Just ask your Director! We’re here to help you succeed!
Director Consultant, BNI SD
Submitted by Sean Canning, Architect, LEED AP, Member BNI Carmel Valley Chapter
In life and in business there are good and bad opportunities. However in regards to networking, there are only good opportunities and missed ones. Below is an account of each.
As a young architect with a new business, I knew it was important to get the word out, but it wasn’t until the construction of a dream project began in my own backyard that I realized how critical it was. After a year of being in business for myself, my dream project – a ground up residence, still eluded me. About 6 months ago I noticed the construction of a new studio residence directly across the alley from my apartment. I literally watch the construction daily from my living room window. I had met my neighbor previously but never mentioned that I was an architect, surely a missed opportunity that could have been avoided if I had maintained a consistent dialogue.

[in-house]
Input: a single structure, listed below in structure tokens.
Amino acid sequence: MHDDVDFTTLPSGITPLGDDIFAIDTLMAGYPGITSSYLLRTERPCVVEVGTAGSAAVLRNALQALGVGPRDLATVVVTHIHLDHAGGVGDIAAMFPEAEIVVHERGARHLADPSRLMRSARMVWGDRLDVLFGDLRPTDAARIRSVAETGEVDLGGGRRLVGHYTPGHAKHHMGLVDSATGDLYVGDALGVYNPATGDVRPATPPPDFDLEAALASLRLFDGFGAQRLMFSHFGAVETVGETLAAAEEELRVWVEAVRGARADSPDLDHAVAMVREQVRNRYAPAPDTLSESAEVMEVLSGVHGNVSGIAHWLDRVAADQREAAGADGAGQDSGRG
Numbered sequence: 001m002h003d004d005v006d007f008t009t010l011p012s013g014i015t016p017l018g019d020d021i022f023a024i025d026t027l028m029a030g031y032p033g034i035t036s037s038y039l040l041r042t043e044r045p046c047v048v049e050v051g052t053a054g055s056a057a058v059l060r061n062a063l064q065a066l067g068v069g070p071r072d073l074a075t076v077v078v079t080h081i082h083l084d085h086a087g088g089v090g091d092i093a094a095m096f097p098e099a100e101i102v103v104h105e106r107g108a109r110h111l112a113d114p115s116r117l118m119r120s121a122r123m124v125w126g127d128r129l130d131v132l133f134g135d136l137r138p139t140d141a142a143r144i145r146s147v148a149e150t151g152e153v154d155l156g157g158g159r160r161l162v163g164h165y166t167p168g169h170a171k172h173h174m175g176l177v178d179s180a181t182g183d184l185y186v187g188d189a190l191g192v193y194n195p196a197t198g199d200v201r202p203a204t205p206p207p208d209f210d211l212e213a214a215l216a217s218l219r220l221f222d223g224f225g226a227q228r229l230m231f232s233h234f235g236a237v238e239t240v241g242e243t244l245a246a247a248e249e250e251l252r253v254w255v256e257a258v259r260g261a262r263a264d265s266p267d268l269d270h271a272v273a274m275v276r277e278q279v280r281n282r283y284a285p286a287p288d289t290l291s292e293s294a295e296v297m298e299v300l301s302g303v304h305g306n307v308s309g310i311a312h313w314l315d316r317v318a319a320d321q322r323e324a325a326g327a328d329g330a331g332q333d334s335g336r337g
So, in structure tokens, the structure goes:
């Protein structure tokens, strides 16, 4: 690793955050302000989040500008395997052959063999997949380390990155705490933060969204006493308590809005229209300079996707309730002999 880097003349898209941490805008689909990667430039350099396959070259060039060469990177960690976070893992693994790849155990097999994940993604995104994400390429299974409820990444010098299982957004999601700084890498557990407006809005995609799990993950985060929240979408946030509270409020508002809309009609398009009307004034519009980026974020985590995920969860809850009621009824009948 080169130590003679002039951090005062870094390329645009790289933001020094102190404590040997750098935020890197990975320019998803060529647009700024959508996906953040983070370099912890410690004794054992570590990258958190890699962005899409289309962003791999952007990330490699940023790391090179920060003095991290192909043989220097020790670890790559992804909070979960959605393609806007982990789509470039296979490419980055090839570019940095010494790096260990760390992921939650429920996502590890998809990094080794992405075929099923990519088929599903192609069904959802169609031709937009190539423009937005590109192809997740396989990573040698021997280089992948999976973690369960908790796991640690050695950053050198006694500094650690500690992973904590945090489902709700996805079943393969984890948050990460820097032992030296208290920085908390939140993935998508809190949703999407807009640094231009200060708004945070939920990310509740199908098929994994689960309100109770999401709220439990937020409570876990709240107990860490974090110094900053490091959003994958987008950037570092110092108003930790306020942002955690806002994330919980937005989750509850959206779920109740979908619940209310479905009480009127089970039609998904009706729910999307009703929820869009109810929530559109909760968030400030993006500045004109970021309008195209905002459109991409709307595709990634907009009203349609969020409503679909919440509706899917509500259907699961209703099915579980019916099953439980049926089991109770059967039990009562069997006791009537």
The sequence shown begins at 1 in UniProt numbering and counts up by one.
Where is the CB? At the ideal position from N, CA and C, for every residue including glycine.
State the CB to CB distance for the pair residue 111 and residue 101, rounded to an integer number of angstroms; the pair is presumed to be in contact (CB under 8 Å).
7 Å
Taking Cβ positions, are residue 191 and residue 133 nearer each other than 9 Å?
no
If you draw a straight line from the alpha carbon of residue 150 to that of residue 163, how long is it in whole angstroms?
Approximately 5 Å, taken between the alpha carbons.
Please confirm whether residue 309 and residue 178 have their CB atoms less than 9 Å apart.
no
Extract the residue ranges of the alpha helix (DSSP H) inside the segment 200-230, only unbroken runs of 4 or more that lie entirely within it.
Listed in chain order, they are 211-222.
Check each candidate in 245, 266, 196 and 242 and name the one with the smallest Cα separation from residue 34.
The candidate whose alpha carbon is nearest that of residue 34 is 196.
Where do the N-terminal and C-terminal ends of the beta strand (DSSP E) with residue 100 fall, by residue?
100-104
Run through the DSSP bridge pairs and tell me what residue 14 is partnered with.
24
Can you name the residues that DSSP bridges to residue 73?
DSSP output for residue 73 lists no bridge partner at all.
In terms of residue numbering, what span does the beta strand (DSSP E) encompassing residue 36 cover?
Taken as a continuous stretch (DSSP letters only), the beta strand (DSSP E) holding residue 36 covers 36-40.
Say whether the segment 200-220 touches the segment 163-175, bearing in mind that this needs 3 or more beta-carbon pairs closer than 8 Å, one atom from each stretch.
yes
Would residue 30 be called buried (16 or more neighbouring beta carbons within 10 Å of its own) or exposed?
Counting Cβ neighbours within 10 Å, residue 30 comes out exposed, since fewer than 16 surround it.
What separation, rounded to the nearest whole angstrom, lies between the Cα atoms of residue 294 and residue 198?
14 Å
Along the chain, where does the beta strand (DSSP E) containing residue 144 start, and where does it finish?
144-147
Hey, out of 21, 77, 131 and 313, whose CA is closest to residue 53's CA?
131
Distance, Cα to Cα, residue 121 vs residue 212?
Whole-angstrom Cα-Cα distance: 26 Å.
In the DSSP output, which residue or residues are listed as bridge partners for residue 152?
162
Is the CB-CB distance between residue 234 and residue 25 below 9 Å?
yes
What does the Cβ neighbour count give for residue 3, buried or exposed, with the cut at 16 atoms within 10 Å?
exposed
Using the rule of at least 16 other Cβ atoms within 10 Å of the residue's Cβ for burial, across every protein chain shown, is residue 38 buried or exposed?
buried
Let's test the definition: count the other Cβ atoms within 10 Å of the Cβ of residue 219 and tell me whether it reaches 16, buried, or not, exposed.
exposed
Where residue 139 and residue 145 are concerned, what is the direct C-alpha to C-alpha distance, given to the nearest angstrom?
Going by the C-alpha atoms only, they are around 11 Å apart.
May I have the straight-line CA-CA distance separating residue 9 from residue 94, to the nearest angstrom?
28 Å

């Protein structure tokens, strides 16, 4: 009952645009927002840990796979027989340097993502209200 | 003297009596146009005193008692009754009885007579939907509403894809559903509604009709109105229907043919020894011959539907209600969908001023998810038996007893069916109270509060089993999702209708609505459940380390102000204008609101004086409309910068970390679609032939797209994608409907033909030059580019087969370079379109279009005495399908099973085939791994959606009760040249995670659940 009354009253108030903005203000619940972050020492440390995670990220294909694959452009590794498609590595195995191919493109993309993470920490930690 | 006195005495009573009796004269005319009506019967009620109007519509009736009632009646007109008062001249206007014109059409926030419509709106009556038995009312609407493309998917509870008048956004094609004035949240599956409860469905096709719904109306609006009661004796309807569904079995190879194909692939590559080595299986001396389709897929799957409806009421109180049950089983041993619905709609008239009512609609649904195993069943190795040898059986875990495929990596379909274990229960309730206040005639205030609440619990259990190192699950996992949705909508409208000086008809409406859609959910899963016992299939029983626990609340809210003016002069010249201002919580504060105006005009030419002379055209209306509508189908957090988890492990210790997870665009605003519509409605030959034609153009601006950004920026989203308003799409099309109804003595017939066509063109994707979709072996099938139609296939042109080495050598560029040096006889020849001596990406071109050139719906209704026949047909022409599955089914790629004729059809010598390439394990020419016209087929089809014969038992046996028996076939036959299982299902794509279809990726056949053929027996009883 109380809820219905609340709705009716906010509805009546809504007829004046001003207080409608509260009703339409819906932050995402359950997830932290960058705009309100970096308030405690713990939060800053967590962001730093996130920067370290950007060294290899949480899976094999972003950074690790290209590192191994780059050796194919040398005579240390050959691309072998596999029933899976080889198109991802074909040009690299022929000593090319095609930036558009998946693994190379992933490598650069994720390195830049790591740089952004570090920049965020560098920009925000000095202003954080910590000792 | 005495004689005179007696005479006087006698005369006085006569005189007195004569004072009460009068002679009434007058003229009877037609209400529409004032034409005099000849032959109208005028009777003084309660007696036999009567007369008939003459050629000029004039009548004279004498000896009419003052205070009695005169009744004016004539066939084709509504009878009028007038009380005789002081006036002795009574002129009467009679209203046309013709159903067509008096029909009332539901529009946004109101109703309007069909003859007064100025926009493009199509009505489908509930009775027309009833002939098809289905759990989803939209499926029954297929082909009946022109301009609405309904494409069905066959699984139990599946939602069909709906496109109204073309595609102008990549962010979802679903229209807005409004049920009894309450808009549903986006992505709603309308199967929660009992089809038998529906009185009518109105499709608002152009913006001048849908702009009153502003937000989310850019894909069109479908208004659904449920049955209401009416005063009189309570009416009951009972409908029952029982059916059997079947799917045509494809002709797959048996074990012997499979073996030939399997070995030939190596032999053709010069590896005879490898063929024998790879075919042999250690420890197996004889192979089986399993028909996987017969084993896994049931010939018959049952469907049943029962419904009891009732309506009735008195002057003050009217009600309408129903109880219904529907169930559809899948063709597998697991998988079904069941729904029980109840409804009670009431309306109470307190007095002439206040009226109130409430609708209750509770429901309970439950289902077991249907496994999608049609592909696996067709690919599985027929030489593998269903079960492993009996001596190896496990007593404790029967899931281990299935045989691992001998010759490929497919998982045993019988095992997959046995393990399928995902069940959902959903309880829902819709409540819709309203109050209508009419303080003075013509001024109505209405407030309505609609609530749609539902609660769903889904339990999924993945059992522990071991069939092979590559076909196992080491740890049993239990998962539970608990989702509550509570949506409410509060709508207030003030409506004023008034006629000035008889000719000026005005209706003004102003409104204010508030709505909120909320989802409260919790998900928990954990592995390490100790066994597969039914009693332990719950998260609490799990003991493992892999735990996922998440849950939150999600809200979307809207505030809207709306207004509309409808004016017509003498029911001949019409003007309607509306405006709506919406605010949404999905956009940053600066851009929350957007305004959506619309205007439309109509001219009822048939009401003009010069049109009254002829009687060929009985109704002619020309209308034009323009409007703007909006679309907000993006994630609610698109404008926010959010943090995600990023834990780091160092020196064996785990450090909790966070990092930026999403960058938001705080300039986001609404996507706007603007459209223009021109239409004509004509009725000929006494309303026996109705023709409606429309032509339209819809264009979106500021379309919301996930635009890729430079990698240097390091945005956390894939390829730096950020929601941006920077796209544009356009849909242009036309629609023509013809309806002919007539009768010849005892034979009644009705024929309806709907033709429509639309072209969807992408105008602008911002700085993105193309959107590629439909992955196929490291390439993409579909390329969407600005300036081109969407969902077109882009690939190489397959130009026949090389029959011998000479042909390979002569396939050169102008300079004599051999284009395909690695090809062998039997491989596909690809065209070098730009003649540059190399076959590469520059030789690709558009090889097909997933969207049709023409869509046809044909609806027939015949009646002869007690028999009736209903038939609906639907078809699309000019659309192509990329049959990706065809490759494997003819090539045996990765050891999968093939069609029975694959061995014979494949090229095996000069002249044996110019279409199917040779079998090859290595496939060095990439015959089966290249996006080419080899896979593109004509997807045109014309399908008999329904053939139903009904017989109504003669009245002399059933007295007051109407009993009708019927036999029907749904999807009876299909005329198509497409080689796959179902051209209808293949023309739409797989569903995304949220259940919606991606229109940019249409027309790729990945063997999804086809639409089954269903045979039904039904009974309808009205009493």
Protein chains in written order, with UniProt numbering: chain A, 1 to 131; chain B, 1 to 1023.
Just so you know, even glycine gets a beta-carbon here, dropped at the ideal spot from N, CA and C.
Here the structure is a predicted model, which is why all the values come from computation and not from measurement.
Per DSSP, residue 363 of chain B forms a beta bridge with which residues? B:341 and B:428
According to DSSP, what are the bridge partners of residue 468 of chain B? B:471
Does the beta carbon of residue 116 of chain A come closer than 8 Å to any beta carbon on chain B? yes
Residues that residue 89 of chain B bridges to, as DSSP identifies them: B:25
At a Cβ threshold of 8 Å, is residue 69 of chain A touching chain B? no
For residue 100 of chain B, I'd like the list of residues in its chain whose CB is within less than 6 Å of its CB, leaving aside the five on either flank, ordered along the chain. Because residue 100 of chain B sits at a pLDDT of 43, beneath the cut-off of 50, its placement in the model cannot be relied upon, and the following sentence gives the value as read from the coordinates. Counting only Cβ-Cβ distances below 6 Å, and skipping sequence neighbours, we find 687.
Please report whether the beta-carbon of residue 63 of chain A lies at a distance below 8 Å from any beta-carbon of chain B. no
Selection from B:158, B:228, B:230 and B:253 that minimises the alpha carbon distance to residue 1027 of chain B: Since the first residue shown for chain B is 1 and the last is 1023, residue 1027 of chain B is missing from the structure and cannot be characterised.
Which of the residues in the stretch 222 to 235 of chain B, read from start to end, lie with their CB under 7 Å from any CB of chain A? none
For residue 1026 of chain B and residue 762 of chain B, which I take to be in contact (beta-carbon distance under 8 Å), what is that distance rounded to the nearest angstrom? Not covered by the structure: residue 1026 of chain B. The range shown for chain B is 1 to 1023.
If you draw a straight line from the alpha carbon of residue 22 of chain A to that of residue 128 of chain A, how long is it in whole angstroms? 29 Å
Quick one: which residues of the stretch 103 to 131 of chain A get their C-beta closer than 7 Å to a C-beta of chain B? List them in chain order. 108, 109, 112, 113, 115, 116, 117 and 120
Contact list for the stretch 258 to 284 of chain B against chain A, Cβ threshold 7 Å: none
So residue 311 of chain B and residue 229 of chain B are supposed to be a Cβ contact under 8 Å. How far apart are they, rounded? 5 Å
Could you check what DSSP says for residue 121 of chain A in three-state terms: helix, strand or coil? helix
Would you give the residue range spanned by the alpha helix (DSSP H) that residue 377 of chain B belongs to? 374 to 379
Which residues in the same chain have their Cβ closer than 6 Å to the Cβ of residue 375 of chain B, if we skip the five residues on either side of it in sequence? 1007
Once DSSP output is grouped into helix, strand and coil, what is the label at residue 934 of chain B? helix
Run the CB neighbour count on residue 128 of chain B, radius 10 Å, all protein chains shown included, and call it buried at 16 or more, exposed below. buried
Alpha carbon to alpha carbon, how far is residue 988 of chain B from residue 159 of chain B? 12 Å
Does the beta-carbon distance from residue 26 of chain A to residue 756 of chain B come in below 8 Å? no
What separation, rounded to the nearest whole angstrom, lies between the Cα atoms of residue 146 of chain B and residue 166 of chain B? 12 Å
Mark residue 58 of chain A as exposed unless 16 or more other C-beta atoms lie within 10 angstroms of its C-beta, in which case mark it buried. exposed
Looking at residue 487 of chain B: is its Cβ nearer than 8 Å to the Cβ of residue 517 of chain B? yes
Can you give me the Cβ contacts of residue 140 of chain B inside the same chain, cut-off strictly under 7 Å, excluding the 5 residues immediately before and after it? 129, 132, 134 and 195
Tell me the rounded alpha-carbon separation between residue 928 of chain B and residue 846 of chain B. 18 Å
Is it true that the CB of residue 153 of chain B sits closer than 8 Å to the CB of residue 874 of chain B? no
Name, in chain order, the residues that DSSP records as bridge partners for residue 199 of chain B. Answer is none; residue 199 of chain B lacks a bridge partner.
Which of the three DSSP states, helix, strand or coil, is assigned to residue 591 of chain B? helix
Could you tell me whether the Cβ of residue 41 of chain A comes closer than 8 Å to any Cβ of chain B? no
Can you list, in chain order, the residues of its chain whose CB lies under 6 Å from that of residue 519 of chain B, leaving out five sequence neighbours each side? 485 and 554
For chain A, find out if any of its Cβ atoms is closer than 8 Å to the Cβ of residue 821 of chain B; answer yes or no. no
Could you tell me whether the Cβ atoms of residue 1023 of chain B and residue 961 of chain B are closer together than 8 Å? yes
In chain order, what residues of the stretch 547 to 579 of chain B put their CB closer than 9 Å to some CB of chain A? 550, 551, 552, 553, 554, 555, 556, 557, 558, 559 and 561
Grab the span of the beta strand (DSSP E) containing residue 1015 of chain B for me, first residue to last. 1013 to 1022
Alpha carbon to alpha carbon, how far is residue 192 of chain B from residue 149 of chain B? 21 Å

Some people question, is there ever a bad time to network? Over a decade ago I was considering transferring to New Jersey Institute of Technology to study architecture. One particular day I was at the funeral of my second uncle when my parents introduced me to the husband (Jeff) of a distant family friend. We had a brief discussion about the industry and the school. He actually attended that same college, graduating in the 1980s. I eventually made the decision to transfer to NJIT and pursue a career in the field of architecture. Midway through the 5-year architecture curriculum I contacted Jeff again and he offered me an entry-level position at his firm. I spent the next 4 years working with him, eventually being promoted to a senior member of the staff. Jeff became my professional mentor, which is very important in our industry.